As the Australian palate is starting to lean towards a more savoury, European, style Shiraz, those from the cool slopes of Mount Barker are perfectly situated to capitalise on the march toward elegance and style. “Shiraz for us in the Great Southern is really exciting,” Liam describes. “We are using less oak and we are defining a style that is really special. The wines are quite Rhône-like; medium bodied, perfumed, spicy, elegant and pure.”
From the 2020 Forest Hill Shiraz, back to the 2005 Block 9, it’s clear that Liam’s excitement is justified. The wines are savoury, medium bodied and fine grained with the 2020 Forest Hill Shiraz at $30 showing amazing value for money, a trend that was becoming clear across the whole varietal range. Standouts were the 2017 for its complexity, elegance and mouthfeel, and the 2005 for its juicy balance between fruit and development.
Left: Forest Hill Winery; Right: Guy and Liam on an Autumn wine check.
Lastly came Cabernet and as Forest Hill’s flagship red variety, it was a classy way to round out this special tasting. The highly awarded 2018 Forest Hill Cabernet reaffirms the exceptional value of this vineyard series and its bang-for-buck, power-to-weight output across all varieties. Block 5, part of the original plantings, is revered for its quality and tasting back to 1997 showed why.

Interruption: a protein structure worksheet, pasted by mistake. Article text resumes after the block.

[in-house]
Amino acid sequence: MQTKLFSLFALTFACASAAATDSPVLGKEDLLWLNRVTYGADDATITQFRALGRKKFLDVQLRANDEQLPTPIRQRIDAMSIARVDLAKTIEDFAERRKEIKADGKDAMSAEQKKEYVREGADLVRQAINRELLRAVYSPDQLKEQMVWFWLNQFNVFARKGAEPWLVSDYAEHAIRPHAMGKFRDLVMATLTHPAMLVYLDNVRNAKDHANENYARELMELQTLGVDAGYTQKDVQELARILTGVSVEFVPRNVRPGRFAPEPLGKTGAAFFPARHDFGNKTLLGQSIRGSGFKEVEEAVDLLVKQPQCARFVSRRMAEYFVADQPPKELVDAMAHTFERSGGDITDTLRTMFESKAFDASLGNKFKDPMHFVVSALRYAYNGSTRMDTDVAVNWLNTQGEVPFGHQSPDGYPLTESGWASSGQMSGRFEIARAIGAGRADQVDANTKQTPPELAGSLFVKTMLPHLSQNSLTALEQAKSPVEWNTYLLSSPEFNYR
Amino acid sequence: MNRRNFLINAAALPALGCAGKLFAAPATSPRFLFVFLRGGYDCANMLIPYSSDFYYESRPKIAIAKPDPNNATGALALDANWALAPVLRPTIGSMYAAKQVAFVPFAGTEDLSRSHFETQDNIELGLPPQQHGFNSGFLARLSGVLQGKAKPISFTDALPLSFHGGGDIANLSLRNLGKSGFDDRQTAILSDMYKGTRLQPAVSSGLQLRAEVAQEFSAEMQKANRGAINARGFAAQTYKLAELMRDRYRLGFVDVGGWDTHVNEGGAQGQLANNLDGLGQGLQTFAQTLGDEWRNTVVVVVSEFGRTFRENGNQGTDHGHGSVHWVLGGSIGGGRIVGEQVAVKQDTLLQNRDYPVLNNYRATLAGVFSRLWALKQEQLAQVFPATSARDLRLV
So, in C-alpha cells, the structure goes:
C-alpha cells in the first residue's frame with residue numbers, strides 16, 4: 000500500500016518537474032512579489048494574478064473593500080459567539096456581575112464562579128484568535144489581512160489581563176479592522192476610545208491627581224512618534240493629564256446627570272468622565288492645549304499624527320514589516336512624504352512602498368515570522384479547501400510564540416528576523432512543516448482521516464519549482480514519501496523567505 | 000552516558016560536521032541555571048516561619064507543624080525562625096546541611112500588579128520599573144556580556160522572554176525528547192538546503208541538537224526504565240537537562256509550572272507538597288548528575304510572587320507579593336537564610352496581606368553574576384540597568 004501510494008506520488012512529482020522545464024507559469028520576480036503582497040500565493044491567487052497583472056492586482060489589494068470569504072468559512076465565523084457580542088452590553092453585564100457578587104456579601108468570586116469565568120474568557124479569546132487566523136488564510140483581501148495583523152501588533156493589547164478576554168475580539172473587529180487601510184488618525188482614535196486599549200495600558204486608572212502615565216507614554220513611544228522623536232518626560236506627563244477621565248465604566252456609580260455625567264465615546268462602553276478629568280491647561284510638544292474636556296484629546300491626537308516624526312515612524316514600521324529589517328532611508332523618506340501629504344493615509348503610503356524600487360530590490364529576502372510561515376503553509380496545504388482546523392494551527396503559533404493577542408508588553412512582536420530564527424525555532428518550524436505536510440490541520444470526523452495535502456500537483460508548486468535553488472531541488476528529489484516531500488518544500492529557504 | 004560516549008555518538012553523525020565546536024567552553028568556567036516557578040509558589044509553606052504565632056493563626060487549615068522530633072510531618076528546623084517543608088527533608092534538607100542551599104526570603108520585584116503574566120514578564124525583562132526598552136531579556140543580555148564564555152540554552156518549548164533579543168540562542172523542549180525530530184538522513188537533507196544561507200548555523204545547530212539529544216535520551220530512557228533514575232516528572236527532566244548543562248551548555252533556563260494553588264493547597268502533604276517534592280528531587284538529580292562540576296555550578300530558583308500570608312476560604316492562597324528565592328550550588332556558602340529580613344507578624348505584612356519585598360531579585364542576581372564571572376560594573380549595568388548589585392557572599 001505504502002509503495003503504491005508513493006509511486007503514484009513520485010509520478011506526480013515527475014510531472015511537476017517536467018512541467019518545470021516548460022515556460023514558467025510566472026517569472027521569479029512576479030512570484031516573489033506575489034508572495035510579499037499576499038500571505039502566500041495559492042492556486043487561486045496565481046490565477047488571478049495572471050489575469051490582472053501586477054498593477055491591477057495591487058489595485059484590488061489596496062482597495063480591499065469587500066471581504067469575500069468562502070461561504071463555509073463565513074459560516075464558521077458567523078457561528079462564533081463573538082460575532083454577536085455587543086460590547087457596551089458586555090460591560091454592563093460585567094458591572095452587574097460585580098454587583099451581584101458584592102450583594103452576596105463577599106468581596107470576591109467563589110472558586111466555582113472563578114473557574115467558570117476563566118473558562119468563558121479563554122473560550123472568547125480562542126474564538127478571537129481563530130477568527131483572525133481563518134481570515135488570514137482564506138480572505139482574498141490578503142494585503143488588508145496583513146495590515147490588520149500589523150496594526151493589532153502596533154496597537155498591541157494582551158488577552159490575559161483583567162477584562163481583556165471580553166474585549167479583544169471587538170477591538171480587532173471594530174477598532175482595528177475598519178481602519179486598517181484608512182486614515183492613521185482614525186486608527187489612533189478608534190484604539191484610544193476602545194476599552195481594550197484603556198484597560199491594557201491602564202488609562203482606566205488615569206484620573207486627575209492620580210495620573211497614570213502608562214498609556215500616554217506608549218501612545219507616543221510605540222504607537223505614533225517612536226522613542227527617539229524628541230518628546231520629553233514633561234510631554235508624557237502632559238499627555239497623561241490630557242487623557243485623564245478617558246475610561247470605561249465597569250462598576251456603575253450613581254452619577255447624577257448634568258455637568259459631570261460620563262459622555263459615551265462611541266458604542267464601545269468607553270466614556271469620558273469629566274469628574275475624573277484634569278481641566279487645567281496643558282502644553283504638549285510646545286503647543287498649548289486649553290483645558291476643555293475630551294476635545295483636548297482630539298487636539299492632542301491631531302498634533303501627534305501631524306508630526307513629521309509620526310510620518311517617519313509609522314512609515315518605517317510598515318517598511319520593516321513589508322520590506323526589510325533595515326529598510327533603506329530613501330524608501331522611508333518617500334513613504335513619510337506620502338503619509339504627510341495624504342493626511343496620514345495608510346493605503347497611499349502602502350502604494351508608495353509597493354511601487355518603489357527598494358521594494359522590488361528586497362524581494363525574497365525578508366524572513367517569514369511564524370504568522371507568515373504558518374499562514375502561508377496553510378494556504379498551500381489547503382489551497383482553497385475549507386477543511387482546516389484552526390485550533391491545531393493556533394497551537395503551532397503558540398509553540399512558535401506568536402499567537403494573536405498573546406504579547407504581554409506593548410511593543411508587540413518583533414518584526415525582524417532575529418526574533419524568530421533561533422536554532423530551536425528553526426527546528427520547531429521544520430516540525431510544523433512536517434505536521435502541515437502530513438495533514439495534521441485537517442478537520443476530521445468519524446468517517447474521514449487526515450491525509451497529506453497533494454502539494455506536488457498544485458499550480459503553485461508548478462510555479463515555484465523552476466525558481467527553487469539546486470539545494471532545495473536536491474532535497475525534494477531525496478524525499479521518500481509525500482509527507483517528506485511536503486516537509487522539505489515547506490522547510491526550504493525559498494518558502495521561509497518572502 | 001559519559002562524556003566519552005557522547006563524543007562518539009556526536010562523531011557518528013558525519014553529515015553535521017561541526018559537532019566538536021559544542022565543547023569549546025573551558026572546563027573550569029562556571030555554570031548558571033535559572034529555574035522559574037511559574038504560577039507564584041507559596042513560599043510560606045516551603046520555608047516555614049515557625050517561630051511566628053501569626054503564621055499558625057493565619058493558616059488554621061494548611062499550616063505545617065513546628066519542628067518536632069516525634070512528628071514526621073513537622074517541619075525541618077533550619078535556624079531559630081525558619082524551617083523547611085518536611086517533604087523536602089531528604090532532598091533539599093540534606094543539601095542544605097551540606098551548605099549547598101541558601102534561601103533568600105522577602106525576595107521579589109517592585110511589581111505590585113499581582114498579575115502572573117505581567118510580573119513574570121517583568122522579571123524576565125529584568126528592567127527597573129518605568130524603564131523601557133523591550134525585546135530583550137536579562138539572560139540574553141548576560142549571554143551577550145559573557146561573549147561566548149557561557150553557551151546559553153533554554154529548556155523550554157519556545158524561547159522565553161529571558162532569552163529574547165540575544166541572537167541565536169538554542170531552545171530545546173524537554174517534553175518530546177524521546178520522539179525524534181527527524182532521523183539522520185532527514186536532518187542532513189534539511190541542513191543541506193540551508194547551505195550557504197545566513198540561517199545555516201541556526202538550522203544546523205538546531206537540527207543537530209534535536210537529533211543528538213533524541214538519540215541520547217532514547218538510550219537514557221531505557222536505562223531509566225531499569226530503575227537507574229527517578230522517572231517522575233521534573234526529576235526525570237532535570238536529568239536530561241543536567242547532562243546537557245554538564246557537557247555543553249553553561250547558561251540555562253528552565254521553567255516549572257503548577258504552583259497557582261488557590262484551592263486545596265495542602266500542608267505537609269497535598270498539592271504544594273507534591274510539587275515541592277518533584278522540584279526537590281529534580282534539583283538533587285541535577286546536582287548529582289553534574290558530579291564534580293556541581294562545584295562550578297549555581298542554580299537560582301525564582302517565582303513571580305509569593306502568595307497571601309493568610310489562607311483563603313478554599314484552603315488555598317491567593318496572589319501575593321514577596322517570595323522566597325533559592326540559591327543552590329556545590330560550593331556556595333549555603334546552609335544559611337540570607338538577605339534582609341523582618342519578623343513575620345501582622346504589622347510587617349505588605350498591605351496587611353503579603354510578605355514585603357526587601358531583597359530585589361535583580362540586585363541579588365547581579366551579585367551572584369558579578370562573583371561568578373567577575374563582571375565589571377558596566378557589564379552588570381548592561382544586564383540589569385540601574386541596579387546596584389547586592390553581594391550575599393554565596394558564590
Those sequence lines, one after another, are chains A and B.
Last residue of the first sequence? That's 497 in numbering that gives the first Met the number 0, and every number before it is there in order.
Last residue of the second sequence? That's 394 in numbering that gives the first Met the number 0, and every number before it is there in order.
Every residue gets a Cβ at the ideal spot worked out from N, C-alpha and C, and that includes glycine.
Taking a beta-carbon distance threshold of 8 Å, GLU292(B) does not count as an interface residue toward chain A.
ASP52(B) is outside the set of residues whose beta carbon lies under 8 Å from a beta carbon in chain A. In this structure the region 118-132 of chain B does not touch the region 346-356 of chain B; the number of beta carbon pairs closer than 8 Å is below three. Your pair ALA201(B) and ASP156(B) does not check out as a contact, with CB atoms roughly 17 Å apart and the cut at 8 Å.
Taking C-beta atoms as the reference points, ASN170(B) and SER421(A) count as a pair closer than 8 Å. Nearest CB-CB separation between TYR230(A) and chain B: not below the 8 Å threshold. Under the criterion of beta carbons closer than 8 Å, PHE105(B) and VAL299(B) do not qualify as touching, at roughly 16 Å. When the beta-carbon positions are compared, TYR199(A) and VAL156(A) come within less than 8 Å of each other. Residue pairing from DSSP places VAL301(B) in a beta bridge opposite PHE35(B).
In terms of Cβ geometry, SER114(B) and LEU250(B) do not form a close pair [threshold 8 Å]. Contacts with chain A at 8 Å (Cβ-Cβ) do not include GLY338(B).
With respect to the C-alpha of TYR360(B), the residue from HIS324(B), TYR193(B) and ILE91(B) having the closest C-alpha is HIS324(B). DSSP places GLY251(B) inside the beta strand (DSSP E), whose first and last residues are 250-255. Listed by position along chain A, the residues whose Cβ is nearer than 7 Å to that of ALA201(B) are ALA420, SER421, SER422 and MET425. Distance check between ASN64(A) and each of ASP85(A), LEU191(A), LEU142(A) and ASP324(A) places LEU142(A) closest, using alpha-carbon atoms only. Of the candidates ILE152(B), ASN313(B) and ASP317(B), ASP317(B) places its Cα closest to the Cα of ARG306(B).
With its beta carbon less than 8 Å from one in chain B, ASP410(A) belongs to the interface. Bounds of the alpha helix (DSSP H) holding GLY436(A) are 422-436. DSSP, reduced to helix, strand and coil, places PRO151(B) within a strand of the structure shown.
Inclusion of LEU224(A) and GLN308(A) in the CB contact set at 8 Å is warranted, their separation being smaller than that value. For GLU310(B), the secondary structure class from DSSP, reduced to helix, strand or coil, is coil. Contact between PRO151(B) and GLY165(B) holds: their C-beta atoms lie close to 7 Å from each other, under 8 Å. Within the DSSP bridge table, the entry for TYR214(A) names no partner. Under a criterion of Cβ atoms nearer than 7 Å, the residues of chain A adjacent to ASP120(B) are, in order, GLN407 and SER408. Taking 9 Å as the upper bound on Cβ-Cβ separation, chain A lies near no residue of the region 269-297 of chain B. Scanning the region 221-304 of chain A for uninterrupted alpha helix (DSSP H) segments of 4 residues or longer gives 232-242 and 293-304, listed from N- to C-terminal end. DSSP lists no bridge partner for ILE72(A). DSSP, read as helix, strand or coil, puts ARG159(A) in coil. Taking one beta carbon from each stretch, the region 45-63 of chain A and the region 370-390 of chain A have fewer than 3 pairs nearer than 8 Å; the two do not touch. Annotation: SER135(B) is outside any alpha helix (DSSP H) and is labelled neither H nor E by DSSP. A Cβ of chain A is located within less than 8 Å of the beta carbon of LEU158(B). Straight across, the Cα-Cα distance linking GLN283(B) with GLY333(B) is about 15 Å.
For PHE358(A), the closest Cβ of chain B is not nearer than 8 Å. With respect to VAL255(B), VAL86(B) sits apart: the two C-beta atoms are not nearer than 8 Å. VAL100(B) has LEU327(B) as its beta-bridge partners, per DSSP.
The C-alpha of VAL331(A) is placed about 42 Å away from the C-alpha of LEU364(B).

The wines are highly detailed, delicate, and they have a lovely power-to-mouthfeel ratio that lifts them up above the high tide mark. They have an earthy, honest character definition that persists through all of them, even as far back as 1997. Standouts were the 2018 for earthy, aromatic layers of blackberries, chocolate, herbs and violets, the 2004 for its soft fresh core and the 1997 for its refined core of delicate black and red fruits.
So much has been achieved in Forest Hill’s 50 vintages. From pioneering a region, to the development of a unique varietal definition and expression through to the maintenance of quality, there is much to be impressed about, and that’s what makes the future of Forest Hill exciting.